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The Cheltenham Festival takes place on Tuesday 10th March and ends on Friday 13th March 2020.

Cheltenham Festival Tips

We’ve come up with a tips guide to picking the right horse at the Cheltenham Festival 2020 and try and answer some of your questions. Here’s how you can make experience at Cheltenham a positive one.

Some of the questions we get asked are:

  • Do favourites win at Cheltenham?
  • Which horses should I back?
  • How do I place my Cheltenham bet?
  • Who will win the Cheltenham Gold Cup in 2020?
cheltenham festival tips

Are you ready for the Cheltenham Festival 2020?

Cheltenham Festival Contents

Cheltenham Festival Tips 2020

Welcome to WhatAretheOdds.co.uk where our mission is to provide you with everything you need to know when it comes to betting on horse racing.

Placing a horse racing bet can be something of a minefield, especially if you are a novice at this sort of thing.

This horse racing betting guide is here to answer any queries you might have when starting out and is a great introduction to the Cheltenham Festival.

We have individual tips for each day, starting with Cheltenham day 1 tips for Tuesday.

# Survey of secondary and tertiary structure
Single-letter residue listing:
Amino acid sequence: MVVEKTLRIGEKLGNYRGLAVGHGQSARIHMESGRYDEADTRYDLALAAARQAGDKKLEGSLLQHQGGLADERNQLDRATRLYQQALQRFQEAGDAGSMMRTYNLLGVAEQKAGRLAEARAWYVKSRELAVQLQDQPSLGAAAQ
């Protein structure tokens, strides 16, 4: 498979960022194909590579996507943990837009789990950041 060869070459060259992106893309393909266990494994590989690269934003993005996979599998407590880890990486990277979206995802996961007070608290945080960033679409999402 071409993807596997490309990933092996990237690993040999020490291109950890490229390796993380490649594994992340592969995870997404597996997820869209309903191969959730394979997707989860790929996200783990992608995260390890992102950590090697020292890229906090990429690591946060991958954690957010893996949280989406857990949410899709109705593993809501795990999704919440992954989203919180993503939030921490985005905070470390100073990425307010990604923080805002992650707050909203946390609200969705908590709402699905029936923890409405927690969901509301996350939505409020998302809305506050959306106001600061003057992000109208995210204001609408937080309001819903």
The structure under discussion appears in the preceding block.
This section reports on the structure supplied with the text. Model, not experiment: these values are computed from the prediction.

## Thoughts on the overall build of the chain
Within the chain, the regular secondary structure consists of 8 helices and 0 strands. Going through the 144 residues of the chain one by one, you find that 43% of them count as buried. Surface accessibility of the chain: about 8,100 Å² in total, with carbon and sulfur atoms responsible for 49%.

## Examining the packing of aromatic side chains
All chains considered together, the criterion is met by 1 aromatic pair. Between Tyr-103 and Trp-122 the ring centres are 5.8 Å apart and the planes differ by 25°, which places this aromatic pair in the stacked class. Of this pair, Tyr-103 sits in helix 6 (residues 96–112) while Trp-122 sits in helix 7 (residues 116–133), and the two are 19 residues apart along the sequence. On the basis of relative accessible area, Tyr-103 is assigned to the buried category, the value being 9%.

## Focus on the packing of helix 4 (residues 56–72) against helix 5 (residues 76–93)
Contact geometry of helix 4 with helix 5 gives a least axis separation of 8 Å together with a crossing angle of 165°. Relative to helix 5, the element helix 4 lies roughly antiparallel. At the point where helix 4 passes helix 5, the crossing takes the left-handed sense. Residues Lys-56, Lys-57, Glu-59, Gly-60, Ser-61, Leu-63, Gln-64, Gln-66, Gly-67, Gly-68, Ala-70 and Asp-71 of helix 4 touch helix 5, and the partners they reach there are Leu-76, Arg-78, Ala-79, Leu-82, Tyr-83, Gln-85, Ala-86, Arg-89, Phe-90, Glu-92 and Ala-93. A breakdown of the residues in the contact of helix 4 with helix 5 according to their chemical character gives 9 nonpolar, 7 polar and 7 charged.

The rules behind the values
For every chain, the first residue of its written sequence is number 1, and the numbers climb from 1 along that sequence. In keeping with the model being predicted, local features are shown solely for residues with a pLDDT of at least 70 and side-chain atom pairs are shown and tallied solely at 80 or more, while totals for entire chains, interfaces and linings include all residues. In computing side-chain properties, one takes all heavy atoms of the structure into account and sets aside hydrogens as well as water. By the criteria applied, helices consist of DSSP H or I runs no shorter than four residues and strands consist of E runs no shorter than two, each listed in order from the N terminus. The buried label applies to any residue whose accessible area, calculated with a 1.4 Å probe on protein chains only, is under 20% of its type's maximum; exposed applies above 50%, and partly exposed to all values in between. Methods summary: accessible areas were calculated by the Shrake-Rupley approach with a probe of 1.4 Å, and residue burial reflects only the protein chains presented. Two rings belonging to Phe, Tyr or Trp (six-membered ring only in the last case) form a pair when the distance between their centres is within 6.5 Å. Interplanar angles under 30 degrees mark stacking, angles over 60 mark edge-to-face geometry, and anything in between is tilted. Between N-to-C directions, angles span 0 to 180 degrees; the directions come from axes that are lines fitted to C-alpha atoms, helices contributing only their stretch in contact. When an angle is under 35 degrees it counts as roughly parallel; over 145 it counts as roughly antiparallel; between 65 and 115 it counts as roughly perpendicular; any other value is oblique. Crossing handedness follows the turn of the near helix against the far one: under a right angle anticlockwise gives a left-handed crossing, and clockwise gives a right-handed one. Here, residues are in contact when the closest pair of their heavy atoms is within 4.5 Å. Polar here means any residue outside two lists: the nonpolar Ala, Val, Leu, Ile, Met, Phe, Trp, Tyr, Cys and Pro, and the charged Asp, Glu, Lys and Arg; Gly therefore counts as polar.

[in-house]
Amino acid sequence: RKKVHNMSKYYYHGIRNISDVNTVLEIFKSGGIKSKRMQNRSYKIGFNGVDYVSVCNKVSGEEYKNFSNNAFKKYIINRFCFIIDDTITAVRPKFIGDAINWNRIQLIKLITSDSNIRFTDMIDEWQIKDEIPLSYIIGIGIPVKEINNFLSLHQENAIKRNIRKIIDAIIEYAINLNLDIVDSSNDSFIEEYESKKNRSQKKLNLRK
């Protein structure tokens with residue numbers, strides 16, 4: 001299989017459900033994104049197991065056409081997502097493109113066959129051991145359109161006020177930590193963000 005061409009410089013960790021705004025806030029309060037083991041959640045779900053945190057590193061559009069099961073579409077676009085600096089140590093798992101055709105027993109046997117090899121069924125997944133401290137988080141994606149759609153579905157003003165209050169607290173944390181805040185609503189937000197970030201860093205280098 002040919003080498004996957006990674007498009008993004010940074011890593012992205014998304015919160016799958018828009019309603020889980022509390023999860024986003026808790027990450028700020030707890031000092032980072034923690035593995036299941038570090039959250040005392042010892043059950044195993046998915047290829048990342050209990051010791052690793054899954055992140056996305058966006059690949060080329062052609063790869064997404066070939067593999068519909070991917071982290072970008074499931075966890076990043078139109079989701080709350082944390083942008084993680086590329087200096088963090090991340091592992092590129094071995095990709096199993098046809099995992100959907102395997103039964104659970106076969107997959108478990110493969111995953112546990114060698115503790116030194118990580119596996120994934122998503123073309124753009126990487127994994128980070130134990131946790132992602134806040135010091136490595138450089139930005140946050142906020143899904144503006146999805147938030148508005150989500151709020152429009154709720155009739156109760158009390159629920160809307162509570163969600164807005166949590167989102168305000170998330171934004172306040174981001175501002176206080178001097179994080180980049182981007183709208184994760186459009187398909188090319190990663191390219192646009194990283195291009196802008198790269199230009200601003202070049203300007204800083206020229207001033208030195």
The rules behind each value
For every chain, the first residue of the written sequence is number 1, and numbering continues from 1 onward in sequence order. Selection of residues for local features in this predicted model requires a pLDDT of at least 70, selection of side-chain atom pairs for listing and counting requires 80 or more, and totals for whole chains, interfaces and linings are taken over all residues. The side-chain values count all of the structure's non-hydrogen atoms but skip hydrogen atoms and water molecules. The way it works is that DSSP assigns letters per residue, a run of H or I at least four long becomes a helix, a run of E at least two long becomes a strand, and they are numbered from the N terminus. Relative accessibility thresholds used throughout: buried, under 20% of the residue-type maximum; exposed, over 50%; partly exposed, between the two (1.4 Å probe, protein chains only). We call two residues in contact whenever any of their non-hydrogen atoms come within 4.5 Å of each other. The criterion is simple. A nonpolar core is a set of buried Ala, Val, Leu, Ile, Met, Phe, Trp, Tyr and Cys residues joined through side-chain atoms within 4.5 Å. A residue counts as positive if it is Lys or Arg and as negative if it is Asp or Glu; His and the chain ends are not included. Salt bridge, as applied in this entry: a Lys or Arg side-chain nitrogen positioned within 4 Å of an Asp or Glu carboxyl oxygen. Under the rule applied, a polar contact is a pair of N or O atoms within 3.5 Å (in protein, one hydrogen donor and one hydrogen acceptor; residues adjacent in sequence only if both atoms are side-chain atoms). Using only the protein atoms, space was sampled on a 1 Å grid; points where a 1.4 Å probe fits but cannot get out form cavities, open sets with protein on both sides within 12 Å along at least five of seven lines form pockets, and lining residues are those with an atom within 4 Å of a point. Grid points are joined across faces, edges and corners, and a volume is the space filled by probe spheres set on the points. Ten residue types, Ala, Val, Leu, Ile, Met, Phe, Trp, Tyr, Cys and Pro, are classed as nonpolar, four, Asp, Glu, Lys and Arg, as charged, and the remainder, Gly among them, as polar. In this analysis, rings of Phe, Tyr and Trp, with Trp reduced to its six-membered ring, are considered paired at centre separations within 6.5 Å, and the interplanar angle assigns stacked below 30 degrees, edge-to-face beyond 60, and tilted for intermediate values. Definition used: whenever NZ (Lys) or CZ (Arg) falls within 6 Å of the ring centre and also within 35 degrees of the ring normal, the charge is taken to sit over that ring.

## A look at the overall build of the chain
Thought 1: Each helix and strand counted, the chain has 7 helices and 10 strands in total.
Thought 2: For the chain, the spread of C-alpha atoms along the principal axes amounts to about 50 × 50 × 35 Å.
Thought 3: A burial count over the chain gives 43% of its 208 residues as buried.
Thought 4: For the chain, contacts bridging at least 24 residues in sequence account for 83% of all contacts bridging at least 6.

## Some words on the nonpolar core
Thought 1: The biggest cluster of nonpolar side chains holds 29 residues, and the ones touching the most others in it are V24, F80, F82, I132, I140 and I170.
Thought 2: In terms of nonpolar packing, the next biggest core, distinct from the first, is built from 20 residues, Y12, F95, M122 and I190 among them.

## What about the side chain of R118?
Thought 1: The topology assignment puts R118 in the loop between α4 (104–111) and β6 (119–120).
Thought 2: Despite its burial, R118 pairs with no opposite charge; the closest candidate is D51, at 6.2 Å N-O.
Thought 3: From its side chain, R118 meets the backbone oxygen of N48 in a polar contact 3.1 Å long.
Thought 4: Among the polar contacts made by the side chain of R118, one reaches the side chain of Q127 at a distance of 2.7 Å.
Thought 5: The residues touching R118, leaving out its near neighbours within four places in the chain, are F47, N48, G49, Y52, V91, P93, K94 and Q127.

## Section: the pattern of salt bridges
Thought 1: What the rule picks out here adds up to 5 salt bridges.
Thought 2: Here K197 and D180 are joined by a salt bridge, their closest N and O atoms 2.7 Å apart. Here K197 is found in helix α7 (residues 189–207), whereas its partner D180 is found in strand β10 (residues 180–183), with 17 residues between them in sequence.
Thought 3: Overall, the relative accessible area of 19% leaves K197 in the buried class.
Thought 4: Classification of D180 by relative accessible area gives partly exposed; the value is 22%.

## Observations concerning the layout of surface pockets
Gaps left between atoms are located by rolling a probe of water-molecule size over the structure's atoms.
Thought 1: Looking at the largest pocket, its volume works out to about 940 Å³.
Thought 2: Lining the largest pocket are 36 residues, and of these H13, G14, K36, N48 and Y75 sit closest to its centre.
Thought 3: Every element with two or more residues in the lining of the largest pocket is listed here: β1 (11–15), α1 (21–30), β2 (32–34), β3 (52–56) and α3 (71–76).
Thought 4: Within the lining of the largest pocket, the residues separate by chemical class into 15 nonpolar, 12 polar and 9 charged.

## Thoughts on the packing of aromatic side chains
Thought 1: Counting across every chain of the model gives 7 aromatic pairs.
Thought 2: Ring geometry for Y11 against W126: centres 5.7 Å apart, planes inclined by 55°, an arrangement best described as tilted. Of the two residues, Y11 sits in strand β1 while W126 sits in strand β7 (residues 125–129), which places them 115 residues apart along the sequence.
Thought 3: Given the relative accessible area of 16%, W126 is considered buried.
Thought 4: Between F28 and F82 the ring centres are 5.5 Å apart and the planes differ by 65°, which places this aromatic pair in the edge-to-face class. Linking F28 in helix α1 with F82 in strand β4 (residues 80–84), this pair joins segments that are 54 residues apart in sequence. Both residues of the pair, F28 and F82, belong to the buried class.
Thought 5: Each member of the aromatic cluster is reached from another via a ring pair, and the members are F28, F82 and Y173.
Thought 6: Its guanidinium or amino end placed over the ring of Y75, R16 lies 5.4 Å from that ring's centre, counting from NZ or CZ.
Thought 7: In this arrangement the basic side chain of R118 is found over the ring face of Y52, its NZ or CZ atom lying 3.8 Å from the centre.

Cheltenham Festival Guide

Our team of experienced experts will looks at the different types of bets available, from win and each-way to more complex multiples consisting of a number of selections.

Pools betting, such as jackpots and placepots, will also come under the spotlight and we will help you get to grips with betting terminology to enable you to understand the key ingredients to take into consideration when studying form and making your selections.

Major race fixtures, such as the Cheltenham Festival over the jumps and Royal Ascot on the flat, where many bookmakers offer enhanced place terms and betting specials will also be looked at in detail along with the importance of using firms who offer Best Odds Guaranteed.

So read on to find out more and avoid making any rookie mistakes when placing your bet.

Cheltenham Tips for Today

As already mentioned, when betting on horse racing it is vital to study in order to enhance your chances of winning.

There are many factors to be taken into account but we know that know that you may not have time to study and painstakingly going through all of these.

If that is the case don’t worry and let the experts at WhatAreTheOdds.co.uk do it for you.

You can check out their daily selections, with analysis, by visiting our Betting Tips section. These aren’t your average tipsters who just give a horse’s name and then don’t explain why it’s worth a wager.

They spend hours using their vast experience to come up with horse betting tips an their detailed reasoning why they think a horse represents value is explained in detail.